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Case of the Curious Cranium October 20, 1999
by Angela M.H. Schuster


[image]

Poloyo cranium with facial reconstruction
(Vito Cannella)

A rare skull of a Homo erectus from Poloyo in the Solo River area of central Java has been found among a collection of curiosities sold to a Manhattan boutique. The cranium (the maxilla and mandible are both missing) may date to between 100,000 to 1.5 million years ago. Clearly defined sutures in the skullcap and overall thickness of the cranial bones suggested that the person was a young adult, and, with highly developed masticatory muscles, most likely male.

[image]Map showing the region where the skull was discovered (Angela M.H. Schuster) [LARGER IMAGE]

Just how it found its way to New York's Upper West Side remains a mystery. According to Henry Galiano, owner of Maxilla and Mandible, Ltd., which specializes in natural history relics--fossils, bones, mounted insects, and ostrich eggs--the skull was in a large crate of rocks, minerals, and tribal curios from Indonesia that was dropped off at his store last March by a man claiming to represent a collector's estate.

"I bought the whole lot based on the value of the minerals alone," says Galiano, who would not disclose the amount paid for the collection. "I was surprised when I came across the skull, which was caked in mud, probably applied to camouflage the fossil for export. Once I cleaned the mud off and began preparing the fossil for display it was clear to me that the skull was quite early and probably of some importance." According to Galiano, he ran into Eric Delson, an old friend and researcher at the American Museum of Natural History, which is located a block away, and invited him in for a look. "At first," said Galiano, who regularly prepares fossils for display for the American Museum, "we thought the skull might actually be that of Peking Man." That and other H. erectus fossils unearthed at Zhoukoudian, near Beijing, disappeared shortly after being entrusted to a platoon of U.S. Marines during the Second World War.

According to paleoanthropologist Teuku Jacob of Gadjah Mada University in Jogjakarta, who has since taken the specimen back to Indonesia, the cranium was found in 1997 during sand mining in the middle and from the bottom of the Solo River in the Sambungmachan District between the villages of Poloyo and Chemeng. It bears the designation Sm 3 after its findspot, which has yielded two other fossils--Sambungmachan 1 a skull and Sambungmachan 2, a tibidal fragment. Animal fossils were also obtained by the workers, similar to the fauna associated with Sm 1. The cranium was studied briefly by physical anthropologist Boedhihartono, who was asked to verify the genuineness and importance of the fossil, and who later published his preliminary study in the journal Antropologi (Jakarta, 1997) and presented his findings at a national archaelogical colloquium in Surakarta in 1998. The skull has been almost totally cleaned when he studied it, and his description and conclusion are quite correct. He noted the resemblances showed by the skull with those of the Ngandong skulls, and at the same time the differences. "A "professional" collector who has had a few troubles with the law in the past," says Jacob, "sold it to a foreign antiques' dealer in Jakarta, who also has had legal problems associated with smuggling antiques and fossils abroad and finally it arrived in New York. The original discoverer was paid US$3.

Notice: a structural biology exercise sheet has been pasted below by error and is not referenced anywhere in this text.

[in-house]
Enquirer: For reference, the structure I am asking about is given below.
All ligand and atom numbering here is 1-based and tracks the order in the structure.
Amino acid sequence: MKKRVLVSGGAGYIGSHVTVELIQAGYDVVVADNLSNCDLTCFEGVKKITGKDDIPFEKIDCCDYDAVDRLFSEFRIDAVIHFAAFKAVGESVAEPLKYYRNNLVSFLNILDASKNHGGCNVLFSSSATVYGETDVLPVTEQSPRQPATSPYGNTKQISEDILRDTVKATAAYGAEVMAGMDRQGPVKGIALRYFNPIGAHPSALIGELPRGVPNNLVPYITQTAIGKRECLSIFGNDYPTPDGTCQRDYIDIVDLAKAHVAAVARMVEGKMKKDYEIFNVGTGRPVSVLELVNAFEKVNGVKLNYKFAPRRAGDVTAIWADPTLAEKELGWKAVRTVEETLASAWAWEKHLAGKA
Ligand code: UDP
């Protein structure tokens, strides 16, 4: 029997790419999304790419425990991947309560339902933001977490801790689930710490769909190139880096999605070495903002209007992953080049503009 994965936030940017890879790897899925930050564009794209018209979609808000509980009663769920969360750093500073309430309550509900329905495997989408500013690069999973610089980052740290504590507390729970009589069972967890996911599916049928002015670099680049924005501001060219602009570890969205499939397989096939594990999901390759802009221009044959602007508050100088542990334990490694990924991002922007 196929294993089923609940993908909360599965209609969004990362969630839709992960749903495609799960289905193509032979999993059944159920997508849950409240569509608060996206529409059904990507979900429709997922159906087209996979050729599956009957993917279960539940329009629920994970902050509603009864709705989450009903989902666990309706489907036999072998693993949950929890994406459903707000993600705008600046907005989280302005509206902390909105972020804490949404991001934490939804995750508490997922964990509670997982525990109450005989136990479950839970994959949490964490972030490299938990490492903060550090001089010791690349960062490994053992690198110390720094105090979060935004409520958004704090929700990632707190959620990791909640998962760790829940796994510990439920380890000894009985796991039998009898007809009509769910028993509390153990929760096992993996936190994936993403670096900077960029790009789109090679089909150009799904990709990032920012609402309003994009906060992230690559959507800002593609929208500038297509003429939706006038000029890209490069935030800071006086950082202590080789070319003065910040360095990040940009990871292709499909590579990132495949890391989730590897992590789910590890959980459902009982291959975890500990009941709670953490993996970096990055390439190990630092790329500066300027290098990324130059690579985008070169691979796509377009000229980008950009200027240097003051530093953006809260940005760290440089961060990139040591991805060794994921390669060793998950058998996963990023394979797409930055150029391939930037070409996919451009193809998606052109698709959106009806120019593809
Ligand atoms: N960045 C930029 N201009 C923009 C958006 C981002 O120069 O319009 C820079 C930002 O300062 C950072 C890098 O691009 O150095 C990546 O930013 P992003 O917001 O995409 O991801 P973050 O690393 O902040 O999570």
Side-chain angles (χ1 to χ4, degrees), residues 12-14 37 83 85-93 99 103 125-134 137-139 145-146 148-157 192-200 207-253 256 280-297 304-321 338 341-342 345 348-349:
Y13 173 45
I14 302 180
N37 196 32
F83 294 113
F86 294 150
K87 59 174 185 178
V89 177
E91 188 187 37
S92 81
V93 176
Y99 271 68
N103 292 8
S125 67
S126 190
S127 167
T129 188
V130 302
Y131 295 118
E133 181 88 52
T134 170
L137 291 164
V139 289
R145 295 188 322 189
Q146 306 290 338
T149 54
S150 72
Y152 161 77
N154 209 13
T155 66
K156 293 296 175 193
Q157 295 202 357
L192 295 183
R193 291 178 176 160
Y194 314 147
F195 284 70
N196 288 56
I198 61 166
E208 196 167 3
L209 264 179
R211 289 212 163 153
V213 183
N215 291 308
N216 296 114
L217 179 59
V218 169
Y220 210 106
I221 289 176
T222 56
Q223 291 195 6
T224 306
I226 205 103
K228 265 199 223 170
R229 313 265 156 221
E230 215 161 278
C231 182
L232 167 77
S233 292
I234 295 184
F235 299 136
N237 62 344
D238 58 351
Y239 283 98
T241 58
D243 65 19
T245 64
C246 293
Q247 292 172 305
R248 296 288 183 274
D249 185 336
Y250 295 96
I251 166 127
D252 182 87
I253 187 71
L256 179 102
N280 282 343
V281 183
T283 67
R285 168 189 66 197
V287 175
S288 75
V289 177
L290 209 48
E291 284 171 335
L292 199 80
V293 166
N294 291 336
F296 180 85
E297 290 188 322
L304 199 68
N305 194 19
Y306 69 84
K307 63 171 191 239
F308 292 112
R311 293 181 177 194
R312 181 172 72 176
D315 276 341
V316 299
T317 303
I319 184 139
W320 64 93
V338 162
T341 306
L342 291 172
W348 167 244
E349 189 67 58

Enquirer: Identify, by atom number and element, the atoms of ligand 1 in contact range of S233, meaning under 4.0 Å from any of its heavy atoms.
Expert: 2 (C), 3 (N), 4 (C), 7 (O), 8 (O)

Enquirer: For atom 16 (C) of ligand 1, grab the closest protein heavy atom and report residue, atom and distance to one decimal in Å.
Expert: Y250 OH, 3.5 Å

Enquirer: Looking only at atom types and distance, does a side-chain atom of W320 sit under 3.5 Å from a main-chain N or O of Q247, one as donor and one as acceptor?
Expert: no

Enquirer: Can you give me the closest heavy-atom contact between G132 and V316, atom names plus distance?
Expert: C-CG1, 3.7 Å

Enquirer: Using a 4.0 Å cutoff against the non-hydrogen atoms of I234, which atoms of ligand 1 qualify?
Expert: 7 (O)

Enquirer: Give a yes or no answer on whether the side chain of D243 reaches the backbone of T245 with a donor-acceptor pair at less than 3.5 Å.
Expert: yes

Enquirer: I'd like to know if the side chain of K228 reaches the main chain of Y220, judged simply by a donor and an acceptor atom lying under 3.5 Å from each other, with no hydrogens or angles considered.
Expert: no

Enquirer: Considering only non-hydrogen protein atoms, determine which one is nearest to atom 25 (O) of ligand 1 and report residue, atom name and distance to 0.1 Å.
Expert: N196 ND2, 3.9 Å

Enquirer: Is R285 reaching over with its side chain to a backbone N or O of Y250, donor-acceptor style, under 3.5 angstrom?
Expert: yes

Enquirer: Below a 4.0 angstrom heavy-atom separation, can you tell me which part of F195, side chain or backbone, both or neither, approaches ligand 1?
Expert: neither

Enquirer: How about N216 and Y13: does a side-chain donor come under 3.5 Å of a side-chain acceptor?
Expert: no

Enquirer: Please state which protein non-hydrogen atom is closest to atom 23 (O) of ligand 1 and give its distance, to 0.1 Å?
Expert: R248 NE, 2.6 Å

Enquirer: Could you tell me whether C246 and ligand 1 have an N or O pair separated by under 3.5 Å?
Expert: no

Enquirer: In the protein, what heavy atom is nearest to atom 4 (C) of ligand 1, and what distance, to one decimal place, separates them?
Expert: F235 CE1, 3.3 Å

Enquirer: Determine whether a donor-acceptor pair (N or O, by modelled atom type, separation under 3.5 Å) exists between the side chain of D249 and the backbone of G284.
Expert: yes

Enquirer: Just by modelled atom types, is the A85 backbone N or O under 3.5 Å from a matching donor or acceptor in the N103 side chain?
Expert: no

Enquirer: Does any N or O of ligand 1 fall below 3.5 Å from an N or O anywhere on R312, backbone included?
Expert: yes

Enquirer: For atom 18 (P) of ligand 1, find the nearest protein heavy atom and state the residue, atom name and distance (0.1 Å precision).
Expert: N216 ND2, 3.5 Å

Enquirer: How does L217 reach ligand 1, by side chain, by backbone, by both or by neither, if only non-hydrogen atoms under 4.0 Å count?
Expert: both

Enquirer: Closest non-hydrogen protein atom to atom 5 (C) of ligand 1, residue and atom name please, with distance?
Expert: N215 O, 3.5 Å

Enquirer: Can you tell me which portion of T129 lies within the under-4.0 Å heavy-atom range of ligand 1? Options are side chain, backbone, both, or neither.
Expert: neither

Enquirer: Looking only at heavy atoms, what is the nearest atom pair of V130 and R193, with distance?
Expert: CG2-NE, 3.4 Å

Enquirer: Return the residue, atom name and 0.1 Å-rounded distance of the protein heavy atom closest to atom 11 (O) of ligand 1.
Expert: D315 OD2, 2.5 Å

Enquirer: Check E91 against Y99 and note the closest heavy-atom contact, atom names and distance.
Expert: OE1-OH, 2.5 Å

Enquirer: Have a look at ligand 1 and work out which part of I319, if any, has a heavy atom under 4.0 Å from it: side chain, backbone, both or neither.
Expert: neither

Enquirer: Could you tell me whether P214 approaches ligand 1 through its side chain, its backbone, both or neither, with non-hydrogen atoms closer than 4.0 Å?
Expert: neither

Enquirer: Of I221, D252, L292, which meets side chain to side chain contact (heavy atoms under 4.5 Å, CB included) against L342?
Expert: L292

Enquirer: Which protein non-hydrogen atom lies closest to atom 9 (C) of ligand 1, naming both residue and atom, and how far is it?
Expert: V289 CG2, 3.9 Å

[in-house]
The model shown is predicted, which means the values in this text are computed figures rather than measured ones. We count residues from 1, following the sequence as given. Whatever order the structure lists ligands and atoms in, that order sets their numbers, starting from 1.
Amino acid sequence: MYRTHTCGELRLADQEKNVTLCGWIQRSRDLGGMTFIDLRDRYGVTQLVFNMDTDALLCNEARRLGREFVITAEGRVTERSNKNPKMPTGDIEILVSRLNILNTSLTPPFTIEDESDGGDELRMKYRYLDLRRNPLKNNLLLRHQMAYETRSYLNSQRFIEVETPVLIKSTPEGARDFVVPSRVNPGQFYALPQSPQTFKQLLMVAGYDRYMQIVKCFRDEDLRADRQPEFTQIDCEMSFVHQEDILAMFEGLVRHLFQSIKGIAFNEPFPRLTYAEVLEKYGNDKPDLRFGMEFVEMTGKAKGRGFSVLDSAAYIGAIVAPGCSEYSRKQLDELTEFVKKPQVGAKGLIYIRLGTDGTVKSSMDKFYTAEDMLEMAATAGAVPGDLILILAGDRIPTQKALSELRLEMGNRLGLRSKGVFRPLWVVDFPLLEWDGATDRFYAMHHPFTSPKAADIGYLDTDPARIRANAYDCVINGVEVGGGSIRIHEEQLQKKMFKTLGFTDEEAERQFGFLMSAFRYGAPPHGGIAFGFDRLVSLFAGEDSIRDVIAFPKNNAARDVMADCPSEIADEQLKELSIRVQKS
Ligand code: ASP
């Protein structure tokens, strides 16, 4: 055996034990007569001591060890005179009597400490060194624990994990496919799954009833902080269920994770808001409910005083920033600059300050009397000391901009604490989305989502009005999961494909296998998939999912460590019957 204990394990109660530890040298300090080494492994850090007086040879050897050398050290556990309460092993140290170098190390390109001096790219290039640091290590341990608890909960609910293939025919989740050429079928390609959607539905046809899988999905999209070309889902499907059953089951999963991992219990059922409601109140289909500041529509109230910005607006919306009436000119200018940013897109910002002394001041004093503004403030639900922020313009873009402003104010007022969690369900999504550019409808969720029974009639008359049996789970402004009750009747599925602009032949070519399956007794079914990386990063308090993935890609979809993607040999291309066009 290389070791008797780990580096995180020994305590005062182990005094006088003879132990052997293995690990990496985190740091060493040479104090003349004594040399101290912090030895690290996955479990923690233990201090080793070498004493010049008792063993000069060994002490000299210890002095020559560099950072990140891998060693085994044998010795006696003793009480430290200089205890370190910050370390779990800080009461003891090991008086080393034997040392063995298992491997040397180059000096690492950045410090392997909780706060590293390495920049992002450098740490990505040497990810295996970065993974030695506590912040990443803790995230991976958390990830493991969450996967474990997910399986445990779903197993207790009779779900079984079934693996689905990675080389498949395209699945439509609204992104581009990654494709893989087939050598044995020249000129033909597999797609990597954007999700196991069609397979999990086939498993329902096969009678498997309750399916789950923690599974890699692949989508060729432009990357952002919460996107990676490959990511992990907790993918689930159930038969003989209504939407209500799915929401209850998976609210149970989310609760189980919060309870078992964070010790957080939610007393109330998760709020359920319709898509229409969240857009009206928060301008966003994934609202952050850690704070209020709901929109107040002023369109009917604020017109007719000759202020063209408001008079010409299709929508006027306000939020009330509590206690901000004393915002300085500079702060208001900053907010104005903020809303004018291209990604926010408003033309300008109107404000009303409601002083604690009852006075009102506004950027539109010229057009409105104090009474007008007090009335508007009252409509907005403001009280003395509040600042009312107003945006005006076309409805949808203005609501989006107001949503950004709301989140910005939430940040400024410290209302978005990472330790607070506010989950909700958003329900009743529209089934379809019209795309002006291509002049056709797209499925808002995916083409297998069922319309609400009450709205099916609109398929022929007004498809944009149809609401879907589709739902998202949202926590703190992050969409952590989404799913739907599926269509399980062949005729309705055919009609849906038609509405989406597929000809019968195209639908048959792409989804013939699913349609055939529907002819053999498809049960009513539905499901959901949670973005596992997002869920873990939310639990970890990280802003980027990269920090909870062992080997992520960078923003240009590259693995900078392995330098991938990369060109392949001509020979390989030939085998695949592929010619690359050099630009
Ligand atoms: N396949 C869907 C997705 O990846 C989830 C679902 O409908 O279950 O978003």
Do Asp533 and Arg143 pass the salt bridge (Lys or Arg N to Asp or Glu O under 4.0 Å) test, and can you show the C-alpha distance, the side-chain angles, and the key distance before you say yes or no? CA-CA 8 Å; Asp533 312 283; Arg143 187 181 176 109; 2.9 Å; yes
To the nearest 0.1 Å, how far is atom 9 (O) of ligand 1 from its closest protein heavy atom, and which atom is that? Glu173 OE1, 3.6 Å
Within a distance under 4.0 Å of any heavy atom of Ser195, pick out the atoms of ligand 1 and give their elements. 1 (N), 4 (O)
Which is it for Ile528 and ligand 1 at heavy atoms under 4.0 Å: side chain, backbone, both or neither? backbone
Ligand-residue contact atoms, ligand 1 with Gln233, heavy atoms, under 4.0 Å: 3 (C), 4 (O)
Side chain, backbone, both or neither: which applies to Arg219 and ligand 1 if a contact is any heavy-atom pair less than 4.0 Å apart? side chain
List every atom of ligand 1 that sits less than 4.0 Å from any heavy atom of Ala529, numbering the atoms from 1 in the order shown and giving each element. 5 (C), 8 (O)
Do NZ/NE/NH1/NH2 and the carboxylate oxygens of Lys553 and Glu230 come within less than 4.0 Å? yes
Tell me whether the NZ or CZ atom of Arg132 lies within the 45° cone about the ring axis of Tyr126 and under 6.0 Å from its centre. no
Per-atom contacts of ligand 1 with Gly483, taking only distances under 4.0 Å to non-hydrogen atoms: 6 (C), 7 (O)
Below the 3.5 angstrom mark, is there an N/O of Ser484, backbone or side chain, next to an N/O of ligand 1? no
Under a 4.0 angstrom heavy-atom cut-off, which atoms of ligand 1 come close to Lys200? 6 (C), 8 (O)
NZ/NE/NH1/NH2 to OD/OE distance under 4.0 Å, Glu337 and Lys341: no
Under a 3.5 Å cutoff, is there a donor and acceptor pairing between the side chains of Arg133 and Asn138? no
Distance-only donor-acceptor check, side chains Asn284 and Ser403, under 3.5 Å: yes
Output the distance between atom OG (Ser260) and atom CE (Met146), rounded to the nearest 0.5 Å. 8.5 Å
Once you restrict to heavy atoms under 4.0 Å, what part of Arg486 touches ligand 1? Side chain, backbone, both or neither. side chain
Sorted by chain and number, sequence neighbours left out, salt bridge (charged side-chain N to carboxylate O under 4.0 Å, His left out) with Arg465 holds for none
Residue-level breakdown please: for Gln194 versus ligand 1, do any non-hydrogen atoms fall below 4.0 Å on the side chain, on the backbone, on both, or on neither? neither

[image] Left, lateral view of Poloyo cranium [LARGER IMAGE] Superior/inferior view of the cranium, right [LARGER IMAGE] (Eric Delson) [image]

Scholars have remarked on the unusualness of the cranium, citing a mix of H. erectus traits, such as a thick cranial bone and a pronounced browridge, and features commonly observed in more recent humans, such as a high forehead, and rounded braincase. Columbia University paleoneurologist Ralph Holloway, who, along with his graduate student, Doug Broadfield, is analyzing an endocast, a mold taken from the inside of the cranium, has also noted that, despite the individual's small cranial capacity, ca. 900cc compared to the 1200cc of archaic H. sapiens, the layout of the brain, etched in the interior of the fossil, has some strikingly modern characteristics. These include an asymetrical development of the left and right hemispheres of the brain and evidence of a so-called Broca's Cap, or bump on the left side which indicates the possibility of speech.